(i)    any changes in accounting policies and practices;

        (ii)   major judgemental areas;

        (iii) significant adjustments resulting from the audit;

        (iv) the going concern assumption;

        (v)    compliance with accounting standards; and

        (vi) compliance with stock exchange and legal requirements.

    (d) to discuss problems and reservations arising from the interim and final audits, and
        any matters the auditor may wish to discuss (in the absence of management
        where necessary);
                                              (e) to review the external auditors management letter and management’s response;
A Guide for Effective A udit Committees

                                              (f) to review the company’s statement on internal control systems (where one is
                                                  included in the annual report) prior to endorsement by the Board;

                                              (g) (where an internal audit function exists) to review the internal audit programme,
                                                  ensure co-ordination between the internal and external auditors, and ensure that
                                                  the internal audit function is adequately resourced and has appropriate standing
                                                  within the company;

                                              (h) to consider the major findings of internal investigations and management's
                                                  response; and

                                              (i) to consider other topics, as defined by the Board.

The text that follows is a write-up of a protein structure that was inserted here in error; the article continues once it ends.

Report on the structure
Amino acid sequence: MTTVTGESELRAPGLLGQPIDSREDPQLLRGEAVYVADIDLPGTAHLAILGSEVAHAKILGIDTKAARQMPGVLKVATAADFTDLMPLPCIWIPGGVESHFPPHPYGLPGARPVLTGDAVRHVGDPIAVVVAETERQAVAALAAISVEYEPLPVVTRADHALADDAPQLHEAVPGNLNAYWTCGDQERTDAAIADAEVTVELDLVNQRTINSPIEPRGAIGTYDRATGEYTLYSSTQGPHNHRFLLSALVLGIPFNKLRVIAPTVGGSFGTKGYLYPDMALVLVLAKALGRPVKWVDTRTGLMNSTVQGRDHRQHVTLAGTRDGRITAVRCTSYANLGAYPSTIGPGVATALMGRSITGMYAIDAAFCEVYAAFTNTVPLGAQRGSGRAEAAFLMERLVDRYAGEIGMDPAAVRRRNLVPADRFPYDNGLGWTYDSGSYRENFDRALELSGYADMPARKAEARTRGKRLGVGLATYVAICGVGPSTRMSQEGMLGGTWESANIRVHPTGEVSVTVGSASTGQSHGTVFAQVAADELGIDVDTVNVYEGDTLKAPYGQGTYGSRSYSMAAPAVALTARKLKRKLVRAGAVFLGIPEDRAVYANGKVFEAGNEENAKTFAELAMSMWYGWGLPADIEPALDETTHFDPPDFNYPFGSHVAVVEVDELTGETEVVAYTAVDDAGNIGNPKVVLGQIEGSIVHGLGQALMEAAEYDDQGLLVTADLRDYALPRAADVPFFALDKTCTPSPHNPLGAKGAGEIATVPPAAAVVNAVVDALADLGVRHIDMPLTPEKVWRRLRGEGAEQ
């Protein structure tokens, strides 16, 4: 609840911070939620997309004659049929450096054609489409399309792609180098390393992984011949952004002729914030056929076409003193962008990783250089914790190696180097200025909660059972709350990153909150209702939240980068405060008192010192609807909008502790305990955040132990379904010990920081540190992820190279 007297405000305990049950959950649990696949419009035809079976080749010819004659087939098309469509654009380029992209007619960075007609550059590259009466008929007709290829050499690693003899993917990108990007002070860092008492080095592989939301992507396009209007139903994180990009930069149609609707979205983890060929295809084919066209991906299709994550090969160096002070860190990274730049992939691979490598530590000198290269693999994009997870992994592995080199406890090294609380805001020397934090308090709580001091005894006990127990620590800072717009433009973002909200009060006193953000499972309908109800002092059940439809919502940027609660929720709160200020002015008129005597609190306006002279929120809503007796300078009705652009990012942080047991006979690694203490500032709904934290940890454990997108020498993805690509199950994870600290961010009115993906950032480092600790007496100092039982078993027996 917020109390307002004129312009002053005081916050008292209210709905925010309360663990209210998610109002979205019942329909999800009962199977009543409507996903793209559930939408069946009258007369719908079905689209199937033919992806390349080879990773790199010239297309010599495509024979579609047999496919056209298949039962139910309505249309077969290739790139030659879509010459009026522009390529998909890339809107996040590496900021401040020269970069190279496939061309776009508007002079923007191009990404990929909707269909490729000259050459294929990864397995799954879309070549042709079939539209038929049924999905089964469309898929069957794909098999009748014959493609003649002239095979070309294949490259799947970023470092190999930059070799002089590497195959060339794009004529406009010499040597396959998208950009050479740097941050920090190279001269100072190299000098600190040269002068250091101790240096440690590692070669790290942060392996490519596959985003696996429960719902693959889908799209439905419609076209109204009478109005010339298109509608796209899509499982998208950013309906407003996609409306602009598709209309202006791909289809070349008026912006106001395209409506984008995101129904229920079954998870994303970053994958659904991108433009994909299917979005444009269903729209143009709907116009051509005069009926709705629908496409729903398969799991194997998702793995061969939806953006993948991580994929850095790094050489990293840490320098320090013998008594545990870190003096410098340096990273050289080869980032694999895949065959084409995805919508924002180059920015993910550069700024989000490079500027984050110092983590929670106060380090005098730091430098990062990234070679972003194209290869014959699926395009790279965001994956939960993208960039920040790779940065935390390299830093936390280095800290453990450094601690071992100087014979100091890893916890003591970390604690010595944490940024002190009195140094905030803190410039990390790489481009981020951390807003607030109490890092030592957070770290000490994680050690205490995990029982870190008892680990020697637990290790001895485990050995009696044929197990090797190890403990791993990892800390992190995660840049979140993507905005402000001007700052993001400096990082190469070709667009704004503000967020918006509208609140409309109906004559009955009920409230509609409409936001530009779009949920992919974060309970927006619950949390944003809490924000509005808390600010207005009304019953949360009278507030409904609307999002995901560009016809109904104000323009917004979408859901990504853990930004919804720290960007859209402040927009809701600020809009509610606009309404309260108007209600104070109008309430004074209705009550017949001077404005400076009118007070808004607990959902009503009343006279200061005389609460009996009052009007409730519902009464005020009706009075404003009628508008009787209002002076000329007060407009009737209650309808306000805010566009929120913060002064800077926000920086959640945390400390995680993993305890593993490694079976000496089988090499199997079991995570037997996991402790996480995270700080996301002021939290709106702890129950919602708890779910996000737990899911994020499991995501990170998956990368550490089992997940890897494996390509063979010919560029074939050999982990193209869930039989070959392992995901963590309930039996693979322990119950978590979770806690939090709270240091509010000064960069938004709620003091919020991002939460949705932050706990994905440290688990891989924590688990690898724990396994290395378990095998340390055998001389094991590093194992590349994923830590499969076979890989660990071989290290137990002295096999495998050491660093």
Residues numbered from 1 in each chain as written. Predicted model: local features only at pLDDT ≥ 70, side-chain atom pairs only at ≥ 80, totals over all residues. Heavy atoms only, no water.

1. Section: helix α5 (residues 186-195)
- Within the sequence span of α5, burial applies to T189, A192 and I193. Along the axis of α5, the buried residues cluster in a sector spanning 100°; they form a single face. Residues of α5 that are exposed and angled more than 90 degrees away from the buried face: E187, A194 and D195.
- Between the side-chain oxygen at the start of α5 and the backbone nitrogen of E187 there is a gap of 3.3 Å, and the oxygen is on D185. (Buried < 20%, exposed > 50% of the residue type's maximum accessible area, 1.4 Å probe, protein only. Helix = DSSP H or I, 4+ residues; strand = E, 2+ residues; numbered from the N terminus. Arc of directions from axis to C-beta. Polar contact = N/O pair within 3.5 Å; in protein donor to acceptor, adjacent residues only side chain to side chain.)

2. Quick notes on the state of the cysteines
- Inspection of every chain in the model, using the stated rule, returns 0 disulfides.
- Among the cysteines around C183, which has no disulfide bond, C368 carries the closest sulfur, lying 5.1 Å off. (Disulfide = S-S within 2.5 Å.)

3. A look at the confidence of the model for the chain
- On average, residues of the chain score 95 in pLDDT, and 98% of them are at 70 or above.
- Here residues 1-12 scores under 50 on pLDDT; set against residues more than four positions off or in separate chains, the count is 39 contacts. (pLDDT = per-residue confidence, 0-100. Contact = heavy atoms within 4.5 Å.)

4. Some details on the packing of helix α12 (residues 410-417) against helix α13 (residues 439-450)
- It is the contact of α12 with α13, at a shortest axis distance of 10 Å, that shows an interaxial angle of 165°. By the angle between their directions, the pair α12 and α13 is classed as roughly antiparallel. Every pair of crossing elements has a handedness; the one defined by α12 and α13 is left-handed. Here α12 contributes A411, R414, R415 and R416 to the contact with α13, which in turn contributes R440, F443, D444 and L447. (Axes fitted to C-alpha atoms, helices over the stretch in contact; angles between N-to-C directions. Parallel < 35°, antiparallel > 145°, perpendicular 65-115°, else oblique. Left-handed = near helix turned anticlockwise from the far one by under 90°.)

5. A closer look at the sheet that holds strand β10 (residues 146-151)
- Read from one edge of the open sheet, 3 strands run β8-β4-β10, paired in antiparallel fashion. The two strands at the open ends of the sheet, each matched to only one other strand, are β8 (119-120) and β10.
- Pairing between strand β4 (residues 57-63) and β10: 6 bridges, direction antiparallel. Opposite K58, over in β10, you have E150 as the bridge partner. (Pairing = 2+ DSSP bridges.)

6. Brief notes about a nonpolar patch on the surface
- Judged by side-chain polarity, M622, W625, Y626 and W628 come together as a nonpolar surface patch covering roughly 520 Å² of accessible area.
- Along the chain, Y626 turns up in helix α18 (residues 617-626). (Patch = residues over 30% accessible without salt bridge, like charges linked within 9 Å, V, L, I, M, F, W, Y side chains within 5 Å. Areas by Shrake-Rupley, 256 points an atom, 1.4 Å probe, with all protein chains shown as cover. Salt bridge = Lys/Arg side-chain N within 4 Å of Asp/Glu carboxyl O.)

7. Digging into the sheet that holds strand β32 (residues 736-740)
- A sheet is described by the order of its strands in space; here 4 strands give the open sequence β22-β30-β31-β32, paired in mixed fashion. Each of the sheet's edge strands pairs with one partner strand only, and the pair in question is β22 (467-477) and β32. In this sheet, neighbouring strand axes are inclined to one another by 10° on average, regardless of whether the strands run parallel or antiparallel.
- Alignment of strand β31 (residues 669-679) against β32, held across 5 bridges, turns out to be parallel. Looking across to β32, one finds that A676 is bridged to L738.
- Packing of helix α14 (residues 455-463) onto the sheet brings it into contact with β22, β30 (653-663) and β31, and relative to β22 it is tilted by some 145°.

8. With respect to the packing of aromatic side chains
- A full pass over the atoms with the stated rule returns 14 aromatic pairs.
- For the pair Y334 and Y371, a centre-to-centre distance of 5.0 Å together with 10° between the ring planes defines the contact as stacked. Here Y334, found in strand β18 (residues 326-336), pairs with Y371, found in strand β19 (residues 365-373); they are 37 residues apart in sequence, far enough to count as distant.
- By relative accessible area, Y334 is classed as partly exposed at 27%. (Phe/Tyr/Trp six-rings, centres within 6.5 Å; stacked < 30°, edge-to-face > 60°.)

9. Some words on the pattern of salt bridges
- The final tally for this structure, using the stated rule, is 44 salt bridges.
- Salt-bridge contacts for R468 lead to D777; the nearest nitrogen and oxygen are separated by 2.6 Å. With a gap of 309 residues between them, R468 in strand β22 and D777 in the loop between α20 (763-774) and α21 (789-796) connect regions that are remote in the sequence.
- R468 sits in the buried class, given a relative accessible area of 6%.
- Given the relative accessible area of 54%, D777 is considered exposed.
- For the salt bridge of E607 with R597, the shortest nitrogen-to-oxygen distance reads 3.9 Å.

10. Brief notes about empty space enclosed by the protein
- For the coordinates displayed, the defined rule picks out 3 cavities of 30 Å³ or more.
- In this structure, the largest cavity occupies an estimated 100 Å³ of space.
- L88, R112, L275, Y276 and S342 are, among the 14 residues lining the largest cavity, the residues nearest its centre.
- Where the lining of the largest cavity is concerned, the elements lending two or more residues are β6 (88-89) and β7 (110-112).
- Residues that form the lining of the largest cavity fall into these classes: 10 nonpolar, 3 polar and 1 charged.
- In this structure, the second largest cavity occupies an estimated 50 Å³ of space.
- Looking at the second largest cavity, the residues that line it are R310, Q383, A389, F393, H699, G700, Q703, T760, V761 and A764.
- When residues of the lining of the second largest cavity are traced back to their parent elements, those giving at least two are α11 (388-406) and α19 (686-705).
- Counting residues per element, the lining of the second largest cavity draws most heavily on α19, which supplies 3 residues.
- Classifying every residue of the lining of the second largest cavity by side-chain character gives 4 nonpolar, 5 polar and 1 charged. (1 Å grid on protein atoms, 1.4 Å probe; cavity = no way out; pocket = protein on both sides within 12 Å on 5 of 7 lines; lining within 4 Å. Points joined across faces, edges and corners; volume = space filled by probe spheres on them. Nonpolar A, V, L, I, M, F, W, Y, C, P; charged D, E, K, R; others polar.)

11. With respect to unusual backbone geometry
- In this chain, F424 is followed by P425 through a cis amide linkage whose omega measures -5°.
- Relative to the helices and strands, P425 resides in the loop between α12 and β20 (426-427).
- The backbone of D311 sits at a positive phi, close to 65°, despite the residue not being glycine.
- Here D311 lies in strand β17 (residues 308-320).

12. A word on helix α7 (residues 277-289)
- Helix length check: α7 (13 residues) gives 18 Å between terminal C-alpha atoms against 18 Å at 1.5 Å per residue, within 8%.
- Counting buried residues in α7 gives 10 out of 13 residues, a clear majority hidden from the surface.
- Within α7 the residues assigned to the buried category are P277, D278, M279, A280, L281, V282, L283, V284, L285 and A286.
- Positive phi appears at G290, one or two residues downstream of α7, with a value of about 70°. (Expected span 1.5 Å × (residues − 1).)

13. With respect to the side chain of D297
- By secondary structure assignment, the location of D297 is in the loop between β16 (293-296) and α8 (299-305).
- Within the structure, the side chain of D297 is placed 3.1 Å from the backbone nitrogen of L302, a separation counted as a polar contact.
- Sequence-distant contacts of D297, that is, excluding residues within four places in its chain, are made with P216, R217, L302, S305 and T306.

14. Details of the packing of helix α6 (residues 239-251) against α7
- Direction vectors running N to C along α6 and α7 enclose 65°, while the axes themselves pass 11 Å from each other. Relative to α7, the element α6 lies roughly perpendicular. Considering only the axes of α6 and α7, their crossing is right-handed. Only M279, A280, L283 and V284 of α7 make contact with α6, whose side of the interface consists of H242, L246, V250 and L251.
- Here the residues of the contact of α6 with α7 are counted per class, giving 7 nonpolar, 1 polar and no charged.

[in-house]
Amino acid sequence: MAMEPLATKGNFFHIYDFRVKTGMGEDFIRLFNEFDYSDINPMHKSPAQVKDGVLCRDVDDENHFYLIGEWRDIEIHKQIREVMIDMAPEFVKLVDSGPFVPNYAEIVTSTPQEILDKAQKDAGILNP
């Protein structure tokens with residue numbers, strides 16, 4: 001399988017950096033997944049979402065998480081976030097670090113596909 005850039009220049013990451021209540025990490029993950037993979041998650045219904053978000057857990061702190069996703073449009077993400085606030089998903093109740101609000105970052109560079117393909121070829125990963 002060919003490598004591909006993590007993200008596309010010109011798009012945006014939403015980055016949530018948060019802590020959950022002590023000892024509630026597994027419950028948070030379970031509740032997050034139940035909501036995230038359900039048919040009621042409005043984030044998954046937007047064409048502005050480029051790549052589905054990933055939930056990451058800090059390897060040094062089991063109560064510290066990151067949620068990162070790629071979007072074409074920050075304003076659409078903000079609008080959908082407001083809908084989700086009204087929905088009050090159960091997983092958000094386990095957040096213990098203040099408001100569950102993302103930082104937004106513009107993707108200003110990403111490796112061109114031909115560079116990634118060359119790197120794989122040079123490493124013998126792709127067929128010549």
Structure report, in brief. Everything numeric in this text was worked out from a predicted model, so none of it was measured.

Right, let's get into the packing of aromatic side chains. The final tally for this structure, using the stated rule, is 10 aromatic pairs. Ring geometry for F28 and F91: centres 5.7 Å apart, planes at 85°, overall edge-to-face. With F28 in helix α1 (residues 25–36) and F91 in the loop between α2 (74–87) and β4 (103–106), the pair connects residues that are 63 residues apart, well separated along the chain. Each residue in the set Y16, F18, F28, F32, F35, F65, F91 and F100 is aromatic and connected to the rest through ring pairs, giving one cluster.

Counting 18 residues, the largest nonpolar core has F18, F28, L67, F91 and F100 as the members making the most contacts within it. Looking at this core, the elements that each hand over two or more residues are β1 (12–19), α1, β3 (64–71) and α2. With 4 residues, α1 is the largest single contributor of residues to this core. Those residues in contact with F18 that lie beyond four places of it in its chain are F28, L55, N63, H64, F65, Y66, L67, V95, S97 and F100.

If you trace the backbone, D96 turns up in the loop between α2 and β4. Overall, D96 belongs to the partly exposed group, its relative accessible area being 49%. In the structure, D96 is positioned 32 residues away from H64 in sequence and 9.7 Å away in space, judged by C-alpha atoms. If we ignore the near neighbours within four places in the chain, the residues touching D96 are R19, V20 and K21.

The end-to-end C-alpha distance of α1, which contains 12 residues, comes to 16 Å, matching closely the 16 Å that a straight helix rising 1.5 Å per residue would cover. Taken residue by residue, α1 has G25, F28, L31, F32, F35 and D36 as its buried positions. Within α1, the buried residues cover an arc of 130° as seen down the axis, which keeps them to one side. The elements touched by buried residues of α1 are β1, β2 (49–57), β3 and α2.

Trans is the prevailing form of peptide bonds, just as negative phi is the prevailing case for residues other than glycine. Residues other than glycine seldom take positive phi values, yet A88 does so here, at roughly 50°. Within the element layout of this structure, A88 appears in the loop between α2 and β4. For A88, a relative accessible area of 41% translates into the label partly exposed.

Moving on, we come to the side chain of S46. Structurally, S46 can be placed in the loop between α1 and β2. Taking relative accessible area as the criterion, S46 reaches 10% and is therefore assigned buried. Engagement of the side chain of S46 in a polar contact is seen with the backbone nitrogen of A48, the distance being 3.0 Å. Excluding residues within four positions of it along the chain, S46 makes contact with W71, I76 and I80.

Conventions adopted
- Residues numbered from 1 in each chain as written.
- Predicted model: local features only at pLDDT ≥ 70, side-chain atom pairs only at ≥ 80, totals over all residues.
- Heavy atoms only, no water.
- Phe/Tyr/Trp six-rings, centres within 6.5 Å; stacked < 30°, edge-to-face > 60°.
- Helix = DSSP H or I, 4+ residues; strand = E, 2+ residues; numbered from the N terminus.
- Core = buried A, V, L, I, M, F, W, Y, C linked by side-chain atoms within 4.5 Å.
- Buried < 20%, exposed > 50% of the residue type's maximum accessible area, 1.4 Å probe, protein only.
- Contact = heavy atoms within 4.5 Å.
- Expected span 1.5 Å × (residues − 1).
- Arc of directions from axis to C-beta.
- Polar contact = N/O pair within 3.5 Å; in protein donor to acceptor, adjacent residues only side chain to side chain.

Reporting procedures
                                          10. The secretary shall circulate the minutes of meetings and reports of the Committee to
                                              all members of the Board.

                                                                                               A Guide for Effective A udit Committees
   1. Report of the Committee on the Financial Aspects of Corporate Governance (1992)
      Committee on the Financial Aspects of Corporate Governance (The Cadbury Committee) UK

   2. OECD Principles of Corporate Governance (1999)
      Organisation for Economic Co-operation and Development

   3. Rules Governing the Listing of Securities on The Stock Exchange of Hong Kong Limited
      The Stock Exchange of Hong Kong Limited

   4. Rules Governing the Listing of Securities on the Growth Enterprise Market of The Stock
      Exchange of Hong Kong Limited
      The Stock Exchange of Hong Kong Limited

   5. Guidance on Control (1995)
      The Criteria of Control Board of the Canadian Institute of Chartered Accountants

   6. Internal Control- Integrated Framework
      Committee of Sponsoring Organisations of the Treadway Commission (COSO), American
      Institute of Certified Public Accountants, New York, USA

   7. New Directions for Audit Committees (1992)
      Ernst & Young, London

   8. Audit Committees – A Guide for Non-Executive Directors (1993)
      Andrew Jack, Institute of Chartered Accountants in England and Wales

   9. Report and Recommendations of the Blue Ribbon Committee on Improving the
      Effectiveness of Corporate Audit Committees (1999)
      The Blue Ribbon Committee, New York Stock Exchange and National Association of
      Securities Dealers

   10. Audit Committees – A Practical Guide
       Deloitte Touche Tohmatsu, Hong Kong

   11. Shaping the Audit Committee Agenda (1999)
       KPMG, LLP

   12. Statement of Auditing Standards 610 – Communications of audit matters of governance
       interest with directors or management
       Hong Kong Society of Accountants